Brazil’s bearing the cost of hosting an international sports event
In events of a scale as large as the World Cup and Olympics, costs are often underestimated. In addition to the huge expenditure incurred by the likes of Anheuser-Busch InBev (AHBIF) and Coca-Cola (KO), who sponsor the events, the host country faces huge establishment- and provision-related expenditures, leading to increases in public debt. And, for a country like Brazil that’s already beset with poverty and laden with a huge amount of public debt, the spending demanded by the World Cup and the Olympics (which Brazil is scheduled to host in 2016) only implies a risk to economic stability.
At the expense of social development
Brazil is believed to have spent around $11.5 billion already in getting ready for the World Cup. Of this, $3.6 billion has been spent on building two huge stadiums in Brazilian cities with population base too small to retire the public debt which gets accumulated in building such massive structures.
In fact, the World Cup is being hosted at the expense of much-needed social development. Two-thirds of the public expenditures had initially been earmarked for improving local transportation, with only one-third going to facility construction. Now, that split is more like 50-50. A bullet train project from Rio to São Paulo seems stalled, along with major airport renovations.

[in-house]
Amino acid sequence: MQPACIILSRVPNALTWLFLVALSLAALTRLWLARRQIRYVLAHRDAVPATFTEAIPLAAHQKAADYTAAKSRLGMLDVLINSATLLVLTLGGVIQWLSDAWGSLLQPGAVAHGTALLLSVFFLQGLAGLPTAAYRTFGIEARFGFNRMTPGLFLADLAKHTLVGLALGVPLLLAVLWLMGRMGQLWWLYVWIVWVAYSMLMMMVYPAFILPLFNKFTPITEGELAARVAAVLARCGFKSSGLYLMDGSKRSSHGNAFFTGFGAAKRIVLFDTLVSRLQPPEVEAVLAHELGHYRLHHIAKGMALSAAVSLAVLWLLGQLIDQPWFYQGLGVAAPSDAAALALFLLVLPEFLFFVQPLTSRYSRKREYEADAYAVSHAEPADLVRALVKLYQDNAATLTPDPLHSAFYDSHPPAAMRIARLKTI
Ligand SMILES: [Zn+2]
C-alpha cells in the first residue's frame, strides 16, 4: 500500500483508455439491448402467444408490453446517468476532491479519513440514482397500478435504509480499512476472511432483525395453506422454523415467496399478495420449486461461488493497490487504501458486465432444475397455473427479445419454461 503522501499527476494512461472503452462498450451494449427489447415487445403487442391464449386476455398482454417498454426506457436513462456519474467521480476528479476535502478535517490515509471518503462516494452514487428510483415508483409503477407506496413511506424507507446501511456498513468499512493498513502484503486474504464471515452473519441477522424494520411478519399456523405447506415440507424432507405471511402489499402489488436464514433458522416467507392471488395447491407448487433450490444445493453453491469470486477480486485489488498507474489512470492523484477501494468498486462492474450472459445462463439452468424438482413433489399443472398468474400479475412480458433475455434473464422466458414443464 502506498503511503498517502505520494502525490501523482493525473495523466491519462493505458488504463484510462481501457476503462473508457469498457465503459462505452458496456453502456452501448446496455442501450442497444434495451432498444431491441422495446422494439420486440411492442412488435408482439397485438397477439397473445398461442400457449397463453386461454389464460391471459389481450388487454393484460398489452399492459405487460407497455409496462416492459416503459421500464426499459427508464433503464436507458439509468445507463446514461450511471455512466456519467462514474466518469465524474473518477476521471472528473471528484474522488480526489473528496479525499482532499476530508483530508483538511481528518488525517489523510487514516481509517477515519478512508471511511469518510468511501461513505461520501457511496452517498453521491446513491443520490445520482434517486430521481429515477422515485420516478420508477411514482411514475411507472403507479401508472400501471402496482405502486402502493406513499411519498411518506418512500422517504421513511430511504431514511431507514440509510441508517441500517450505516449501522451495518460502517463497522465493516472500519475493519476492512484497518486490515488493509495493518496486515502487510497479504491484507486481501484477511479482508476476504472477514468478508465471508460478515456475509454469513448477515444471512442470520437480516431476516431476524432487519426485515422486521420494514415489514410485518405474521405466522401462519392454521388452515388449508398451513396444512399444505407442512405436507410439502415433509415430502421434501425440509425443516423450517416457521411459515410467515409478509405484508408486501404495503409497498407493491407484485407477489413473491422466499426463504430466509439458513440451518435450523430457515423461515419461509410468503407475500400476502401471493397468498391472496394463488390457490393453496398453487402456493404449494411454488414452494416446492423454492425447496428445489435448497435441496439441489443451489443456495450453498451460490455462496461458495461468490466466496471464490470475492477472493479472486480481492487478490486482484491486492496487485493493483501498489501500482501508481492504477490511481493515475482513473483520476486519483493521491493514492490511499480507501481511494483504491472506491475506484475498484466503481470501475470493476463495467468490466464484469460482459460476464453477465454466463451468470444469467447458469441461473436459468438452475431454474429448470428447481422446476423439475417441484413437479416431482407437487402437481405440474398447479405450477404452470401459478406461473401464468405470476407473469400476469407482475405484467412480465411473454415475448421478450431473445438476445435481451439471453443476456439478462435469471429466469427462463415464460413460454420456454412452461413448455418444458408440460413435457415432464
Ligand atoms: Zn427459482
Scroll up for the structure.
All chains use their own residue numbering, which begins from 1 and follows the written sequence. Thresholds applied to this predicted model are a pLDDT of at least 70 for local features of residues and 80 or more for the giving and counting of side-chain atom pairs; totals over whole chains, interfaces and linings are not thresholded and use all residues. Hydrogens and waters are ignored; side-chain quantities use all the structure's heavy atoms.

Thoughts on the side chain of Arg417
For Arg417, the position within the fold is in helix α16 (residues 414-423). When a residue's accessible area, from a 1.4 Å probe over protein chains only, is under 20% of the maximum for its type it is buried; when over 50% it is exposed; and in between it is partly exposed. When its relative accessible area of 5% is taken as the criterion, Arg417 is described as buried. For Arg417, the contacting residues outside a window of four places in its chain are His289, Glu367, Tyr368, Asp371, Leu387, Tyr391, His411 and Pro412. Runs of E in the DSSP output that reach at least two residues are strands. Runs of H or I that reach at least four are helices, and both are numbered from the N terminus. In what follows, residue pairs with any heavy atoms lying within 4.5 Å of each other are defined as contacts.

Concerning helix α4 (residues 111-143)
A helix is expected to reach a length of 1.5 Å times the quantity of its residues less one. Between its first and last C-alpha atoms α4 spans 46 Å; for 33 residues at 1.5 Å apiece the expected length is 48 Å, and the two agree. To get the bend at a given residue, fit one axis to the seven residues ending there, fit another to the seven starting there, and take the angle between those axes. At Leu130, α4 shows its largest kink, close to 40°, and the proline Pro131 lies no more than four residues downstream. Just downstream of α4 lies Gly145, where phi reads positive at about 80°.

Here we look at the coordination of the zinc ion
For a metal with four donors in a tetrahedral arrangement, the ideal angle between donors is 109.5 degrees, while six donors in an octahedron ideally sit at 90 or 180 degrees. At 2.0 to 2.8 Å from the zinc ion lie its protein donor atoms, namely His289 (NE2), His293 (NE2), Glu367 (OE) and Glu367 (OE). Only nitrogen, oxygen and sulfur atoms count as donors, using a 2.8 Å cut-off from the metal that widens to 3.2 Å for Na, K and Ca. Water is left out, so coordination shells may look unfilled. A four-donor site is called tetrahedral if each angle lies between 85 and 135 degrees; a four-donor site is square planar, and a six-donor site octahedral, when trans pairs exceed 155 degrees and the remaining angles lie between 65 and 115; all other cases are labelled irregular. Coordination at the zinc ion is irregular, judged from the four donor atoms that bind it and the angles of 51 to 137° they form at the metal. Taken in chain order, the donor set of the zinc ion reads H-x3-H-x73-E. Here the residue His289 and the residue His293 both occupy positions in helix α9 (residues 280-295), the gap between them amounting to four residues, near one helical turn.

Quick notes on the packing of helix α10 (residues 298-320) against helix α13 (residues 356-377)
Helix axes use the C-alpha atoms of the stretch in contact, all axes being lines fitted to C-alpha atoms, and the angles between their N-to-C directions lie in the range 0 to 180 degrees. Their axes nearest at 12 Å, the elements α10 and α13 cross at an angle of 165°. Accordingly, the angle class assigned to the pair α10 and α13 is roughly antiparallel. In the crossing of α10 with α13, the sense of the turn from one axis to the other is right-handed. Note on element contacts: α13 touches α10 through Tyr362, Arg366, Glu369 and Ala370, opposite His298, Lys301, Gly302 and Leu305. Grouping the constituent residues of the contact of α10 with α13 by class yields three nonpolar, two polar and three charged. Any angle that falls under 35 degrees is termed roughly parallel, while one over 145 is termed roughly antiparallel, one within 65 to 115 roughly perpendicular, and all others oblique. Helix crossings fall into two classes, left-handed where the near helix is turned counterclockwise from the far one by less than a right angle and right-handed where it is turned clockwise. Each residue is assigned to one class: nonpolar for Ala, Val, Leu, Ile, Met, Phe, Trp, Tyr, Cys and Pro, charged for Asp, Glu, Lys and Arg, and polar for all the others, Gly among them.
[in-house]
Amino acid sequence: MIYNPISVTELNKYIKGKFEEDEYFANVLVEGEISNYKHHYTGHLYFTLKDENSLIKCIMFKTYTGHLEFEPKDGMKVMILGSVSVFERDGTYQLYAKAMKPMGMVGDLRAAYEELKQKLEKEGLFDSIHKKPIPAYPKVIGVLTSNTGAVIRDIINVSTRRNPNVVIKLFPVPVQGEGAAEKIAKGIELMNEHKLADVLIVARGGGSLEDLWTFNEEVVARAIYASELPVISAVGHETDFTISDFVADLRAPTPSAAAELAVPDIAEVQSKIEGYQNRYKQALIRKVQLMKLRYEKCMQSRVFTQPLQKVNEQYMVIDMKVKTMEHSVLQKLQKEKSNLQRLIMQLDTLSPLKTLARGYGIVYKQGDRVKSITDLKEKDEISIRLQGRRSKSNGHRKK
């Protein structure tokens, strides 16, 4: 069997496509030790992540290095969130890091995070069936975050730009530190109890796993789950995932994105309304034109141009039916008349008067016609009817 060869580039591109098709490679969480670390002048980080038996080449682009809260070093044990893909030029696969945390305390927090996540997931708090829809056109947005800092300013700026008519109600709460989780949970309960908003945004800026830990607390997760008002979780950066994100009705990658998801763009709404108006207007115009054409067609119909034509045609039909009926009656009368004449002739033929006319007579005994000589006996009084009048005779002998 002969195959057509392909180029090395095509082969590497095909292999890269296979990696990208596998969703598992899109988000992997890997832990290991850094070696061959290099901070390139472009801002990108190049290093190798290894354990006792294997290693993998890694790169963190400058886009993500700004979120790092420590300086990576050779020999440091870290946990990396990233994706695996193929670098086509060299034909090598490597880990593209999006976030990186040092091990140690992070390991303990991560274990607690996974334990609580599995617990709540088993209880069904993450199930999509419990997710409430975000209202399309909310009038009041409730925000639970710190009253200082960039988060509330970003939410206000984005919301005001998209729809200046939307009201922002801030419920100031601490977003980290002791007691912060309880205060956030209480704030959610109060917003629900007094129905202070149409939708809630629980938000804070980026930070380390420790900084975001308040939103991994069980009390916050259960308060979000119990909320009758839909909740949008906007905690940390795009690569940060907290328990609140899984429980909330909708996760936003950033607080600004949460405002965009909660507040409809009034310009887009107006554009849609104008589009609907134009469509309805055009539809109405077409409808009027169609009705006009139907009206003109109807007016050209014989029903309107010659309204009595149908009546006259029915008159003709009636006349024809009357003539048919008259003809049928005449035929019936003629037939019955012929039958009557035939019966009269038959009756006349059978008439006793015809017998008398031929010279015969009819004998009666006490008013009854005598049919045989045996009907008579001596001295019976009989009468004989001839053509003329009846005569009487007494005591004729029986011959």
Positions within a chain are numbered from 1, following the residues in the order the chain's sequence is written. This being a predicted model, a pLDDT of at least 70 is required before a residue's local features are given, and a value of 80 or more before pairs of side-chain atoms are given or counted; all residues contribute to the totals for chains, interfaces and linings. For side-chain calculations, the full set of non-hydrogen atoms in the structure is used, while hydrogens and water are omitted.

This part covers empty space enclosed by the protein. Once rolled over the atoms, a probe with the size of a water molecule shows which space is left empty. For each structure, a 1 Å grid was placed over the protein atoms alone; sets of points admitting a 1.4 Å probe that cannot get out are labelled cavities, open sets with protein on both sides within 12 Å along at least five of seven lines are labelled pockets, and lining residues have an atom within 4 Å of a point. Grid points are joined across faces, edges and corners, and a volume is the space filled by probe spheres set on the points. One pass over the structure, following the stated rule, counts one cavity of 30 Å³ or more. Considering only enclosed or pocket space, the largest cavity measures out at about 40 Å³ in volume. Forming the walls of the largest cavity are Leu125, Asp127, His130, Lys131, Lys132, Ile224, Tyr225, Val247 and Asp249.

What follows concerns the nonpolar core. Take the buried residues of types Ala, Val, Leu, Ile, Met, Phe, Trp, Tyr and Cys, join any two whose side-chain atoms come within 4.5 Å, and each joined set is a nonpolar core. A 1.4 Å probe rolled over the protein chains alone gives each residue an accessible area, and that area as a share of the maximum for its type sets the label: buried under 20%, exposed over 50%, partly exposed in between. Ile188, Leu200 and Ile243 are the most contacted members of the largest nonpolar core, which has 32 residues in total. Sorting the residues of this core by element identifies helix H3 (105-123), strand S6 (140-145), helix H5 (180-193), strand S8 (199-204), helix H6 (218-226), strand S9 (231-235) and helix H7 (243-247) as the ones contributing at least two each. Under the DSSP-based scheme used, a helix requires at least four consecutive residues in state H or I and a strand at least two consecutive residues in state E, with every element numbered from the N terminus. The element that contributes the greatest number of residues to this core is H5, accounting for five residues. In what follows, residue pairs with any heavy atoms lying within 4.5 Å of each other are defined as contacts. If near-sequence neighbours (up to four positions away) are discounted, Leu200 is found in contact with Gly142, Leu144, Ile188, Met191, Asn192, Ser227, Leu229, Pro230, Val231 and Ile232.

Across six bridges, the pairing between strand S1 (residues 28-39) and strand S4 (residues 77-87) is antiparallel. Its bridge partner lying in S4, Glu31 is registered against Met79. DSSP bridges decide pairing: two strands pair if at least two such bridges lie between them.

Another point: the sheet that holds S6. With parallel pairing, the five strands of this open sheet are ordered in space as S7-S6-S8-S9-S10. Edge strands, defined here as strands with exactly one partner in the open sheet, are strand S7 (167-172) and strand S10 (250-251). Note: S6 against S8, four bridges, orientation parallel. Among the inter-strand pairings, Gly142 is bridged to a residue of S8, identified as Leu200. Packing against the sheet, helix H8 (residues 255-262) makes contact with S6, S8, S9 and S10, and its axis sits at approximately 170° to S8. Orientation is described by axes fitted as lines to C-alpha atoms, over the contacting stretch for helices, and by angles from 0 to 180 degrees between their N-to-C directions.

It’s for these reasons that Brazilians have taken to the streets in protest of the expenditures their country has incurred for the World Cup. The stock markets had, consequently, reacted negatively, with the Bovespa index declining 1.5% between June 12 and June 17. At the same time, ETFs like the iShares MSCI Brazil Capped (EWZ), which measure broad-based equity market performance in Brazil and has holdings in top companies like Itau Unibanco Holding S.A (ITUB) and Ambev SA (ABEV), declined 2.6%
Where is the money flowing?
Officially, the Fédération Internationale de Football Association (or FIFA)—the international governing body of the association for football, futsal, and beach soccer, with a membership of 209 national associations—required only eight host cities from Brazil. But Brazil chose to provide 12 host cities. Though Brazilian officials may have made this decision with an aim to spread the wealth of these games, they missed assessing the additional costs that would be incurred and the lack of funds in the economy.
Moreover, Brazil has spent some $270 million on building a 46,000-seat oversized stadium in the city of Manaus, which is largely inaccessible by road and whose soccer team averages only 4,000 fans per game. The stadium is to be used for only four World Cup games. This is reason enough for the Brazilian public to protest these expenditures.
To find out whether FIFA-driven tourism might be able to help boost the economy, read on to the next part of this series.
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